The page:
Country of Origin: China
Leaf Appearance: dark with golden tips, loosely compressed
Water Temperature: 212 degrees
Steep Time: 30 seconds
Preparation Method: porcelain gaiwan
Liquor: reddish amber
Crimson Lotus Tea is a name that any puerh head would be familiar with, but I was super excited when they released a trio of Dian Hong cakes last year. Don’t let the compressed form fool you! They still fall into the category of black tea because that is how the leaves were processed. They do have something in common with puerh beyond the region that they are from. Dian Hong is made from the same type of tea plant, Camellia Sinensis var. Assamica.
The leaves of Big Red were dark with golden buds visible throughout. The sample I received was fairly loosely compressed. I was easily able to break off the amount of tea I needed for a session without needing to use a puerh needle. They had a noticeably earthy and sweet aroma.
I prepared this tea gongfu style in a porcelain gaiwan with fully boiling water. My first infusion was 30 seconds long and I gradually increased that with each subsequent round. On their website, Crimson Lotus Tea noted that their favorite way to make Big Red is boiling it to make Hong Kong-style milk tea. I haven’t tried that yet, but it definitely sounds like I need to!
Big Red brewed up a reddish amber liquor with lots of trichomes visible in my sharing pitcher. The taste was sweet and woody with notes of dark fruits like pomegranate. Crimson Lotus Tea compared it to barrel-aged rum and I would say that is pretty spot on. A comforting maltiness in the background was exactly what I was looking for in a Dian Hong. There was a slight smokiness but it was very subtle. It was bold but not astringent and the flavor stayed fairly consistent across infusions.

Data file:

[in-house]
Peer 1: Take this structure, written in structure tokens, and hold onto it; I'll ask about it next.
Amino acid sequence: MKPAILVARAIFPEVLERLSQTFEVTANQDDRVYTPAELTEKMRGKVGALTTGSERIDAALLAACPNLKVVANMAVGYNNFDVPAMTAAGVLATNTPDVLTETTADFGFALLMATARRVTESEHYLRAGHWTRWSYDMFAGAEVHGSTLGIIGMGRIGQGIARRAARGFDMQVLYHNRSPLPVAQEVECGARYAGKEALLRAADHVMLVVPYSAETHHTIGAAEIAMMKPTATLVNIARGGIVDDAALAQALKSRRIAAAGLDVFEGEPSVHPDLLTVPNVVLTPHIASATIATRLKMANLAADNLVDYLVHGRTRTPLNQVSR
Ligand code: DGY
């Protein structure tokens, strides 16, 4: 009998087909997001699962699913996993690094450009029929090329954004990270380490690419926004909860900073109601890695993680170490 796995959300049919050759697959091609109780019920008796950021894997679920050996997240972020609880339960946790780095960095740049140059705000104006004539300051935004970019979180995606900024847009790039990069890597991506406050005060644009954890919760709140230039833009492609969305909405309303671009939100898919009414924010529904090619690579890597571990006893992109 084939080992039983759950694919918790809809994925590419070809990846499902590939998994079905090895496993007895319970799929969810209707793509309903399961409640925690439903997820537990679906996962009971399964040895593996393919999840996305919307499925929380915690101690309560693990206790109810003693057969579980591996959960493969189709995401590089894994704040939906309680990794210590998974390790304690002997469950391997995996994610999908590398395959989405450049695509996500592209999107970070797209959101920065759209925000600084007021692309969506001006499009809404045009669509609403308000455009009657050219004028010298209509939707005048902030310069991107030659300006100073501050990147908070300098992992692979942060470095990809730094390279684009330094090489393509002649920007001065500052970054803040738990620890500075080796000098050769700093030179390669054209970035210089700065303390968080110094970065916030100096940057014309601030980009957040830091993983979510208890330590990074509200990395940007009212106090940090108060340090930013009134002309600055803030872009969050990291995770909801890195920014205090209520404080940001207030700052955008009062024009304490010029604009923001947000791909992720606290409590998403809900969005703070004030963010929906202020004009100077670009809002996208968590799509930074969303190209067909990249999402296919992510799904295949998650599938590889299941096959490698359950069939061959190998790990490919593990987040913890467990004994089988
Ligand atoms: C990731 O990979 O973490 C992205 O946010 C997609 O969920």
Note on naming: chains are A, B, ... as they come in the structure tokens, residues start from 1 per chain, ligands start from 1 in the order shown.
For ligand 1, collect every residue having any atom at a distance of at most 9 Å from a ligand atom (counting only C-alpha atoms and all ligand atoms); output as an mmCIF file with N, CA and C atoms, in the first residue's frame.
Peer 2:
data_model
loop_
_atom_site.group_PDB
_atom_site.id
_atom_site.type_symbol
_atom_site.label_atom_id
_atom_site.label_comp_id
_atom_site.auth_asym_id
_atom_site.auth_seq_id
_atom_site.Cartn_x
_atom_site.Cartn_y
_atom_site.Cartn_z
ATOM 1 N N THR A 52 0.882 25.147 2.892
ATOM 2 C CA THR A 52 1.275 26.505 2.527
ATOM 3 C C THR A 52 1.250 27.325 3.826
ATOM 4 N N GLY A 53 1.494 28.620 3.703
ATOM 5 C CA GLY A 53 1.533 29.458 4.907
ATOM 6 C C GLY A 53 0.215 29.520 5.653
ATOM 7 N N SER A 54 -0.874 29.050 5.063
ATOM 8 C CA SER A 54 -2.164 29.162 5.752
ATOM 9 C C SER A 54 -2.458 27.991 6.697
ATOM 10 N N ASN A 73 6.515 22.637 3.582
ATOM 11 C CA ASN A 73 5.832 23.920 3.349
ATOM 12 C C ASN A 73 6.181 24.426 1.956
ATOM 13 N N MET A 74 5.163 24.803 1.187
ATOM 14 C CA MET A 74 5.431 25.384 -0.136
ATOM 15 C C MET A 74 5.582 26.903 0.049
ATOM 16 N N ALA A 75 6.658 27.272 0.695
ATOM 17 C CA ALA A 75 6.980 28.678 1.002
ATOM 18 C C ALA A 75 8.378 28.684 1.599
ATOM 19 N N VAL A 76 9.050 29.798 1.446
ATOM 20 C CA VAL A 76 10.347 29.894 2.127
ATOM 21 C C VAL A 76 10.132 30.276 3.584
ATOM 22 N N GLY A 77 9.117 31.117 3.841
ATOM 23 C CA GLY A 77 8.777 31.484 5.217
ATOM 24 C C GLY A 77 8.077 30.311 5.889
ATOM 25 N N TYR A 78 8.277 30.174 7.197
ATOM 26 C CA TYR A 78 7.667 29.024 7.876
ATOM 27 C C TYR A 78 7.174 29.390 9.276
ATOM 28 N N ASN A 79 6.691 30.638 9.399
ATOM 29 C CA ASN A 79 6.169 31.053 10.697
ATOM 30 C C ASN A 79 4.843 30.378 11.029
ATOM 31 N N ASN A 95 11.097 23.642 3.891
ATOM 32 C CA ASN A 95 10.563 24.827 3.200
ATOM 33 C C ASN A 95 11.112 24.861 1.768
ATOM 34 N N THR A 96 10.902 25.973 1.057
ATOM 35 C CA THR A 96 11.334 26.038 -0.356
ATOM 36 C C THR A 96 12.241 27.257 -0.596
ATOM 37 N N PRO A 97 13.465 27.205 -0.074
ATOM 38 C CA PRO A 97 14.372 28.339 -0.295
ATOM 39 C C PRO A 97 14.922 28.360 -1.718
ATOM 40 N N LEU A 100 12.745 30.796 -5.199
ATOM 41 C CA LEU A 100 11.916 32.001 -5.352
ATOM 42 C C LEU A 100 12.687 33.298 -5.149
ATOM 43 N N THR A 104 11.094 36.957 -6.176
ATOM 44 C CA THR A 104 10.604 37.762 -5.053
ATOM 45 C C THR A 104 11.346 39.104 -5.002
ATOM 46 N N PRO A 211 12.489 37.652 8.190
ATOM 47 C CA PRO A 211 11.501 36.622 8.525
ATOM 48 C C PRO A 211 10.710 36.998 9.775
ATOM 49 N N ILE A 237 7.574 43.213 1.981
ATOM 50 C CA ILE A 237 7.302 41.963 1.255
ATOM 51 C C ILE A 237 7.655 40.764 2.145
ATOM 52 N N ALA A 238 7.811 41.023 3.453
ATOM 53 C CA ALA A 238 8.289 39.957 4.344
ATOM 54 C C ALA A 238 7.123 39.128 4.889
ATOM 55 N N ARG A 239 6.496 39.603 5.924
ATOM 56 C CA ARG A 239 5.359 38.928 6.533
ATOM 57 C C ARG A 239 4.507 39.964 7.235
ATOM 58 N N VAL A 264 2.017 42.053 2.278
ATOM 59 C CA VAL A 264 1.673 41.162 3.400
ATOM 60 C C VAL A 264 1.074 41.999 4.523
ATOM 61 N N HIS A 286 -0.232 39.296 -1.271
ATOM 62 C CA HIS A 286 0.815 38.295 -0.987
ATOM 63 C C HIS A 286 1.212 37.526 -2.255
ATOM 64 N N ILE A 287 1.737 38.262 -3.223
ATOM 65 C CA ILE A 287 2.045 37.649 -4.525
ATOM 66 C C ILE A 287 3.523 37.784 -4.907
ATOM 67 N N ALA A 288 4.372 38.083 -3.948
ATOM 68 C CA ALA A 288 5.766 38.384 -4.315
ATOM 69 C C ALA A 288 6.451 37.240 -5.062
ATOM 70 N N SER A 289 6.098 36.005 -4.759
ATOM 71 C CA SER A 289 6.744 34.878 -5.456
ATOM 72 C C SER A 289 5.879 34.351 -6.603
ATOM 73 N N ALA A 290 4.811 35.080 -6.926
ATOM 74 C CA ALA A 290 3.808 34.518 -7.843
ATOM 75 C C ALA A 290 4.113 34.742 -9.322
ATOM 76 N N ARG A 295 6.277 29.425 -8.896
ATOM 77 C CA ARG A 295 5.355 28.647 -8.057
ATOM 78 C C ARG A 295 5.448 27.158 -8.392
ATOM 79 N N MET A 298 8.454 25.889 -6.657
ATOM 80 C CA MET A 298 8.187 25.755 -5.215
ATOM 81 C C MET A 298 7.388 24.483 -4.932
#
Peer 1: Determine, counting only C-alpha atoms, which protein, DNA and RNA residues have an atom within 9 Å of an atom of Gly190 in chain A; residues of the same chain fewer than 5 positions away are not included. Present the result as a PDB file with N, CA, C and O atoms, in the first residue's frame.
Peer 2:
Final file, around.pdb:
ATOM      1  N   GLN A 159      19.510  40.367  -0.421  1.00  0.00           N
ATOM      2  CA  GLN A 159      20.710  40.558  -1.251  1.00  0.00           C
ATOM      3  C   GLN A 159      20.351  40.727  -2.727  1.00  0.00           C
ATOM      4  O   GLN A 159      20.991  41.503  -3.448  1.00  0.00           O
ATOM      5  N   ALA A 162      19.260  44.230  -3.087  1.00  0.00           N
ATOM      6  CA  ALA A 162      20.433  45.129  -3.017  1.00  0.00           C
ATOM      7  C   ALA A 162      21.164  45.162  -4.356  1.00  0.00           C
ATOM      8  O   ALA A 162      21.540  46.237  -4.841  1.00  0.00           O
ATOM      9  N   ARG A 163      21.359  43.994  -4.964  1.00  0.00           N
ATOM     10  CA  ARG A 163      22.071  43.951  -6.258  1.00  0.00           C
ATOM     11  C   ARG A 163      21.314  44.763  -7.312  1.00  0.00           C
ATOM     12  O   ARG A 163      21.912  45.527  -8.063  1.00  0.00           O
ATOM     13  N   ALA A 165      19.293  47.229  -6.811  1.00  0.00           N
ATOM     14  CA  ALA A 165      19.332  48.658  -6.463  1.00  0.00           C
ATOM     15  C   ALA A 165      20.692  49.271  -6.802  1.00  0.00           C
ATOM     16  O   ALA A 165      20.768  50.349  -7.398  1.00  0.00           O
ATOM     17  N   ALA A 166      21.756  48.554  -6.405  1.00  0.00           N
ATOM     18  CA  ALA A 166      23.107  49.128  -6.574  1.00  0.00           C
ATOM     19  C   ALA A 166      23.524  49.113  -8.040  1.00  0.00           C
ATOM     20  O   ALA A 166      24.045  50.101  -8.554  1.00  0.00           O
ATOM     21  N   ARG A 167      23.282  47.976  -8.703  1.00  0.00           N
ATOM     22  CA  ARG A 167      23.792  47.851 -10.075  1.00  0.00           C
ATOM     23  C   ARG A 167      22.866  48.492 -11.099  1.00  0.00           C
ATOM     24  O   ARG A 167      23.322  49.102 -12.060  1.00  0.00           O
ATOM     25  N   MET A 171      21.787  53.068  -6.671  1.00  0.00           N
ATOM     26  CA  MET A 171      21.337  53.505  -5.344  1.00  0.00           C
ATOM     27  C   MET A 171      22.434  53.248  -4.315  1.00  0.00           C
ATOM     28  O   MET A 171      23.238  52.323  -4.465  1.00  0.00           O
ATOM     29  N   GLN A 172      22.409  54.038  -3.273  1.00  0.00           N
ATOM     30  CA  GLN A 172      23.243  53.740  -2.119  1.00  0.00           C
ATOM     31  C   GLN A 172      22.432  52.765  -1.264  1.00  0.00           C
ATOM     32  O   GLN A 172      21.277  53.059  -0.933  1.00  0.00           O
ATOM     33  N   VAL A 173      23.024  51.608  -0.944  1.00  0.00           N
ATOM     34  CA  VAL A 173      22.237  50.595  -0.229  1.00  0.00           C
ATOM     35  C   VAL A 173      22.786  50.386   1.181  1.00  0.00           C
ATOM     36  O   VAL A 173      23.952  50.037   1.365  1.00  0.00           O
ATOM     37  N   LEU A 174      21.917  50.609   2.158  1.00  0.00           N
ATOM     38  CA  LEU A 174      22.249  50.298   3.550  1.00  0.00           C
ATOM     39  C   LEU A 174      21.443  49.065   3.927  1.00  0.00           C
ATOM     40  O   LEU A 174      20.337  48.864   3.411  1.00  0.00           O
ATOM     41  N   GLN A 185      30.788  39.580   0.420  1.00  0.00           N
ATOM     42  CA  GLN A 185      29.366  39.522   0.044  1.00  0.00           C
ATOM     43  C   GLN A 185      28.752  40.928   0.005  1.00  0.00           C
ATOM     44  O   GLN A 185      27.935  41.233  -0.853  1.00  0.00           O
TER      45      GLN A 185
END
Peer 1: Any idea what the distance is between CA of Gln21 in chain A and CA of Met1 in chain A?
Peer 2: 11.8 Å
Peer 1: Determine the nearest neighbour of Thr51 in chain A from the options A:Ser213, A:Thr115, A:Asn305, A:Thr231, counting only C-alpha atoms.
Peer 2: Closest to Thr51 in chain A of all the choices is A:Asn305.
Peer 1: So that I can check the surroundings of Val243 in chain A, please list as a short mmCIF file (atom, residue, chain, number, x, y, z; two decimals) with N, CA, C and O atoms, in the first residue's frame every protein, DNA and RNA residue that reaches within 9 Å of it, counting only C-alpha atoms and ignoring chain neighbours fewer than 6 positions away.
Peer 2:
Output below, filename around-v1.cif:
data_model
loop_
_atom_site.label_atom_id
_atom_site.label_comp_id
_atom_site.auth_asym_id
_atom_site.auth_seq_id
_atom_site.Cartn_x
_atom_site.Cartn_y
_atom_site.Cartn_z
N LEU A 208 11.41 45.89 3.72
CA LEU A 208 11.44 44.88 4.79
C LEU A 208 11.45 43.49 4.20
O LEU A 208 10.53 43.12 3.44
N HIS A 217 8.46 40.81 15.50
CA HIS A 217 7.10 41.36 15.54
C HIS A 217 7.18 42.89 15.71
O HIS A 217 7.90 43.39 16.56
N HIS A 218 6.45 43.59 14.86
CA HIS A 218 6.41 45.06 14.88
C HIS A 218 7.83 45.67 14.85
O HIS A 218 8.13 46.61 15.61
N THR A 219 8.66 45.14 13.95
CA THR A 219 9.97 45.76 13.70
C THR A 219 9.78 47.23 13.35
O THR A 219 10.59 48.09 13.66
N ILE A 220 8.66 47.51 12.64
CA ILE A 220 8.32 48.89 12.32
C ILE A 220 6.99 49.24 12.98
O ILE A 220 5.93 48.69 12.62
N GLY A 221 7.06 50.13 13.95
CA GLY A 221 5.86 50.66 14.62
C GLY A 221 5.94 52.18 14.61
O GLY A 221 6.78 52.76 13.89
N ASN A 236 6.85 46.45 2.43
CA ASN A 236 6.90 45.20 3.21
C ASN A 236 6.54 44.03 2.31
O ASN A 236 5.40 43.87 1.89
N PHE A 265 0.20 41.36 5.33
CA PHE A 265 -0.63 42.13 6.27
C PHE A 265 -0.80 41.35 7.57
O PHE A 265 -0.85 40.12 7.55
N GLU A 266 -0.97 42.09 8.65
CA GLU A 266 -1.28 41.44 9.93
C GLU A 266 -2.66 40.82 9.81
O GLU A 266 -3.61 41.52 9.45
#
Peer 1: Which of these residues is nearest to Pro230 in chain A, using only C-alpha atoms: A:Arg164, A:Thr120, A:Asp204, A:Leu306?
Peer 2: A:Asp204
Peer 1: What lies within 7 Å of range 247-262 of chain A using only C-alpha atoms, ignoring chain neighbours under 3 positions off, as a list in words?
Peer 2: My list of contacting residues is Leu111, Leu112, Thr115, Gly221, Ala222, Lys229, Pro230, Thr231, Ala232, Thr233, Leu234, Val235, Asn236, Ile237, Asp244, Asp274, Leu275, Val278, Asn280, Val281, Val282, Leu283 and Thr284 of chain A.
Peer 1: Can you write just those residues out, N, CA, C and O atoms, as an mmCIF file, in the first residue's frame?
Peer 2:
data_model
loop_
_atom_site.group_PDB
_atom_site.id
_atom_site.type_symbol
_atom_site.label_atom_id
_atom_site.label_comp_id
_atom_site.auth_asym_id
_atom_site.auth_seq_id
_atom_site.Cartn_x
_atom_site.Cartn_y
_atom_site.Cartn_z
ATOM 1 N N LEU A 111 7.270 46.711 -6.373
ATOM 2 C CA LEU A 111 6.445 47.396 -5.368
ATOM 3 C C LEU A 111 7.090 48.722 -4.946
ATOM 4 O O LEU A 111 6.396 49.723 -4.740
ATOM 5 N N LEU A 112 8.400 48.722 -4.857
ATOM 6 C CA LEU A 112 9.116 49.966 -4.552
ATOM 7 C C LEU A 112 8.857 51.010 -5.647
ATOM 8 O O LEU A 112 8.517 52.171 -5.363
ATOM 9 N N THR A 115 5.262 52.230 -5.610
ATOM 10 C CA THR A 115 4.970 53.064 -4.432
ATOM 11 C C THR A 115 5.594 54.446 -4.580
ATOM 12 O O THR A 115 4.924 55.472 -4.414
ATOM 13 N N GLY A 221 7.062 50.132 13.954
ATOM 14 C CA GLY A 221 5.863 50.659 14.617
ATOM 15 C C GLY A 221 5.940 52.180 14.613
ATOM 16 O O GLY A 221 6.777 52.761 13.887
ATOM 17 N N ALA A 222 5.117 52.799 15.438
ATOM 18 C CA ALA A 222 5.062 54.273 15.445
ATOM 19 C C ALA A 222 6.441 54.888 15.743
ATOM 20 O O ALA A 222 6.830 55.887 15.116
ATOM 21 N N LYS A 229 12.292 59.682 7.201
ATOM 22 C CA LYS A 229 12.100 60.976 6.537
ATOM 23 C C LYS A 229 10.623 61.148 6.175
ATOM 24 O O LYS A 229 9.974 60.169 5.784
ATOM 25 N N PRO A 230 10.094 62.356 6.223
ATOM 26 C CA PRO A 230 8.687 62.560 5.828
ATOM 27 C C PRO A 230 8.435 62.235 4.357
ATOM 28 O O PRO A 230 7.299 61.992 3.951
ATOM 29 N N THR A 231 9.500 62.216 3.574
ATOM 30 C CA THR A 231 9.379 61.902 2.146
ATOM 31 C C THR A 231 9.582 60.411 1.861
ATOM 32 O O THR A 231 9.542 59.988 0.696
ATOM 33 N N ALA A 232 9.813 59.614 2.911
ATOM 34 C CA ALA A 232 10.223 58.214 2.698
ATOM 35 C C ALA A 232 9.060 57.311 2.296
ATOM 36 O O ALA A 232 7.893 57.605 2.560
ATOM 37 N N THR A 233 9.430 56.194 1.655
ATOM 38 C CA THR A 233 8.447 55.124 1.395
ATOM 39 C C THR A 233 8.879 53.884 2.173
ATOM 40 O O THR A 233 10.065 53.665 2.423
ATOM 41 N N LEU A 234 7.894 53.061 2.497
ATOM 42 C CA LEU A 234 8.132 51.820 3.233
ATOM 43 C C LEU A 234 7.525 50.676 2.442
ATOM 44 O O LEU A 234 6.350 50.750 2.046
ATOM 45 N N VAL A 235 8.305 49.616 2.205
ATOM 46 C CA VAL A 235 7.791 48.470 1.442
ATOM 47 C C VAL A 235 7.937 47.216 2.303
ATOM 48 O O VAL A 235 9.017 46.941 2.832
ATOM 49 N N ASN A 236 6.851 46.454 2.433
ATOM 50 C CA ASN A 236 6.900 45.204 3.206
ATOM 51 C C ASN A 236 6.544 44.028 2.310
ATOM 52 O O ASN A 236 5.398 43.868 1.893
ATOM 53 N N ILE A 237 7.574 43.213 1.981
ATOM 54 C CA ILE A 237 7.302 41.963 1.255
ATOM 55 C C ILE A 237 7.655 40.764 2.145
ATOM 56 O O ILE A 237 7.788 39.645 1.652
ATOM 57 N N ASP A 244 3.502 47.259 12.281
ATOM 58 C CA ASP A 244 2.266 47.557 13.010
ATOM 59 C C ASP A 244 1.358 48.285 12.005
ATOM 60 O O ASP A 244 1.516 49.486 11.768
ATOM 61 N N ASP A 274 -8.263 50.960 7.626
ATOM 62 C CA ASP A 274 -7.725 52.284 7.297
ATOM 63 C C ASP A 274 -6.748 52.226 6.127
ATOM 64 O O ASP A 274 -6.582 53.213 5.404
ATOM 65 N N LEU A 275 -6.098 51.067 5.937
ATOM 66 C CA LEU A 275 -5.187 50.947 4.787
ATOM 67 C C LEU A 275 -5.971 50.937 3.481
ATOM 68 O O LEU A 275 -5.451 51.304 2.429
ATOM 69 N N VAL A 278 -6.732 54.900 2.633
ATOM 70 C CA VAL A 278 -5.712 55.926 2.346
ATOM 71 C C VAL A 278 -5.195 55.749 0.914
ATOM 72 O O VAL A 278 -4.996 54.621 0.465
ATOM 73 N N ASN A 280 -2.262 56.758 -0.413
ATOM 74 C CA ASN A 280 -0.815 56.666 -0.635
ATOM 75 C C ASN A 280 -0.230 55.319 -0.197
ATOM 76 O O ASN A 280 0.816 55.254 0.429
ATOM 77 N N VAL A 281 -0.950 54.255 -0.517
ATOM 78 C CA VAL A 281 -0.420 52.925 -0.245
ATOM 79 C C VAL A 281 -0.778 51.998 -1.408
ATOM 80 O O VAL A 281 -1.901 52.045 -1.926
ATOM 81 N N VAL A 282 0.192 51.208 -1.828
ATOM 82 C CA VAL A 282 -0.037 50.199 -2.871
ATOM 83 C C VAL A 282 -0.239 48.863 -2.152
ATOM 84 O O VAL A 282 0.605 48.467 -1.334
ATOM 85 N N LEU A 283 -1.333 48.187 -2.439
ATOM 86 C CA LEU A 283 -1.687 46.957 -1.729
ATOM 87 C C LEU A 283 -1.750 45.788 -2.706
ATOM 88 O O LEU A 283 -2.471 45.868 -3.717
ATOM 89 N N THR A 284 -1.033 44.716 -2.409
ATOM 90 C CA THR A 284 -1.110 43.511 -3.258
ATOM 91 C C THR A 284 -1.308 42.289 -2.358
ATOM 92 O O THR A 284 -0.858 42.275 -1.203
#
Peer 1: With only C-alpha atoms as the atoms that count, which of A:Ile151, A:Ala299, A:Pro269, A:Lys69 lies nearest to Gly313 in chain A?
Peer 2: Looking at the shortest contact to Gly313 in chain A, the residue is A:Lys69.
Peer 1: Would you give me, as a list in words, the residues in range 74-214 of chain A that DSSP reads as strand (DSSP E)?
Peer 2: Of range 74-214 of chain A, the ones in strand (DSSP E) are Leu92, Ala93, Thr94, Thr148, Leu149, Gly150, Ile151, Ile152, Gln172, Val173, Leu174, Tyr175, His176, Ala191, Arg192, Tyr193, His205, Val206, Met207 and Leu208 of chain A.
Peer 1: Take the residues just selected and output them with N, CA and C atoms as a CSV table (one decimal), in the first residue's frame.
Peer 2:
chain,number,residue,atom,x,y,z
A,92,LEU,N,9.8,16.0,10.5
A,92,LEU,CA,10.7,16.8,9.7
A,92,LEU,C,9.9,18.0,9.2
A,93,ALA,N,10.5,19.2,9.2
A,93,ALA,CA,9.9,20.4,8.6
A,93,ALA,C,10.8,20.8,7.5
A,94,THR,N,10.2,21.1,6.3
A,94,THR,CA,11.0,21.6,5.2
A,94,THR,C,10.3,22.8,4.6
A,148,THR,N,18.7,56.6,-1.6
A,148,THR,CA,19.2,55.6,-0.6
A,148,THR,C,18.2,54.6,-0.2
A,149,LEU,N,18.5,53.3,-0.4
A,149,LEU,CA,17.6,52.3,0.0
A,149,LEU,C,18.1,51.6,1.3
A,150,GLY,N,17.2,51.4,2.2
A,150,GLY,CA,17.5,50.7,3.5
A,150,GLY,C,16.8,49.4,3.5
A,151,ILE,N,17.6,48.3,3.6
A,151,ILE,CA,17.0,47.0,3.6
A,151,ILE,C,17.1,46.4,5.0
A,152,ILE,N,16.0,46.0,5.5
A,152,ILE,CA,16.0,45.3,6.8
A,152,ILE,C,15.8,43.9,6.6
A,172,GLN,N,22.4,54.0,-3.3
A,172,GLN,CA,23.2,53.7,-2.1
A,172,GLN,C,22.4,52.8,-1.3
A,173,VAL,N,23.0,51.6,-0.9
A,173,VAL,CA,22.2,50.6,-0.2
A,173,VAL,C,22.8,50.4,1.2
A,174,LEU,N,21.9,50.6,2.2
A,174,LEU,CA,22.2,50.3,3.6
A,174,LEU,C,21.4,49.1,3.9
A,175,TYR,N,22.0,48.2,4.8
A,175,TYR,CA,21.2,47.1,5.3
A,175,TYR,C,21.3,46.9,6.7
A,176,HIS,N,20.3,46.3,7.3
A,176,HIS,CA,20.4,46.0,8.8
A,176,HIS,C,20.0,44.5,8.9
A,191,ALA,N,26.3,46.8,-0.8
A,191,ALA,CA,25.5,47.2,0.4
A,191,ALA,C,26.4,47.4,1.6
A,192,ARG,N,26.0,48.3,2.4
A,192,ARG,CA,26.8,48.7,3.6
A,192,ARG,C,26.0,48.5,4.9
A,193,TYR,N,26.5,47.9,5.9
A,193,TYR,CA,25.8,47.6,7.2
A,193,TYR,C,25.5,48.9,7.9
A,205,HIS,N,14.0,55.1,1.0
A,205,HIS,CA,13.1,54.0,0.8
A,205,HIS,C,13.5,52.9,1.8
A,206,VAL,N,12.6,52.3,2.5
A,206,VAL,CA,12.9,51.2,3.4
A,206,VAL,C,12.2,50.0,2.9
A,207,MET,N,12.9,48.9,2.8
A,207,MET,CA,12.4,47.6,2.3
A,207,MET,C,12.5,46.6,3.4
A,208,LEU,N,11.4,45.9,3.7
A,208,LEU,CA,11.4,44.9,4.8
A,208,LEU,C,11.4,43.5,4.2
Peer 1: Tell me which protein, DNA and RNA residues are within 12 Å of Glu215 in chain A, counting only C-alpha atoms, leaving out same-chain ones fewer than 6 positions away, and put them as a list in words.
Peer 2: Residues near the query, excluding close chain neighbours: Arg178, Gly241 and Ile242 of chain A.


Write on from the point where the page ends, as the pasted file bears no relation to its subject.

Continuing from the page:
I really enjoyed the drinking experience with Big Red. Although it is a black tea it didn’t feel overly caffeinated or buzzy. Of course, that might vary with your tolerance. At the time of writing this post, it is priced at $29.99 for a 200g cake. That is a steal compared to other compressed black teas that I’ve seen on the market. Having it in cake form like this is fun and actually makes it easier to store.
Have you ever tried Big Red from Crimson Lotus Tea? Let me know your thoughts in the comments below!
Big Red sample provided for review by Crimson Lotus Tea.
Help Support This Site
Get access to exclusive behind-the-scenes content, my private Discord server, surprise quarterly packages, and more!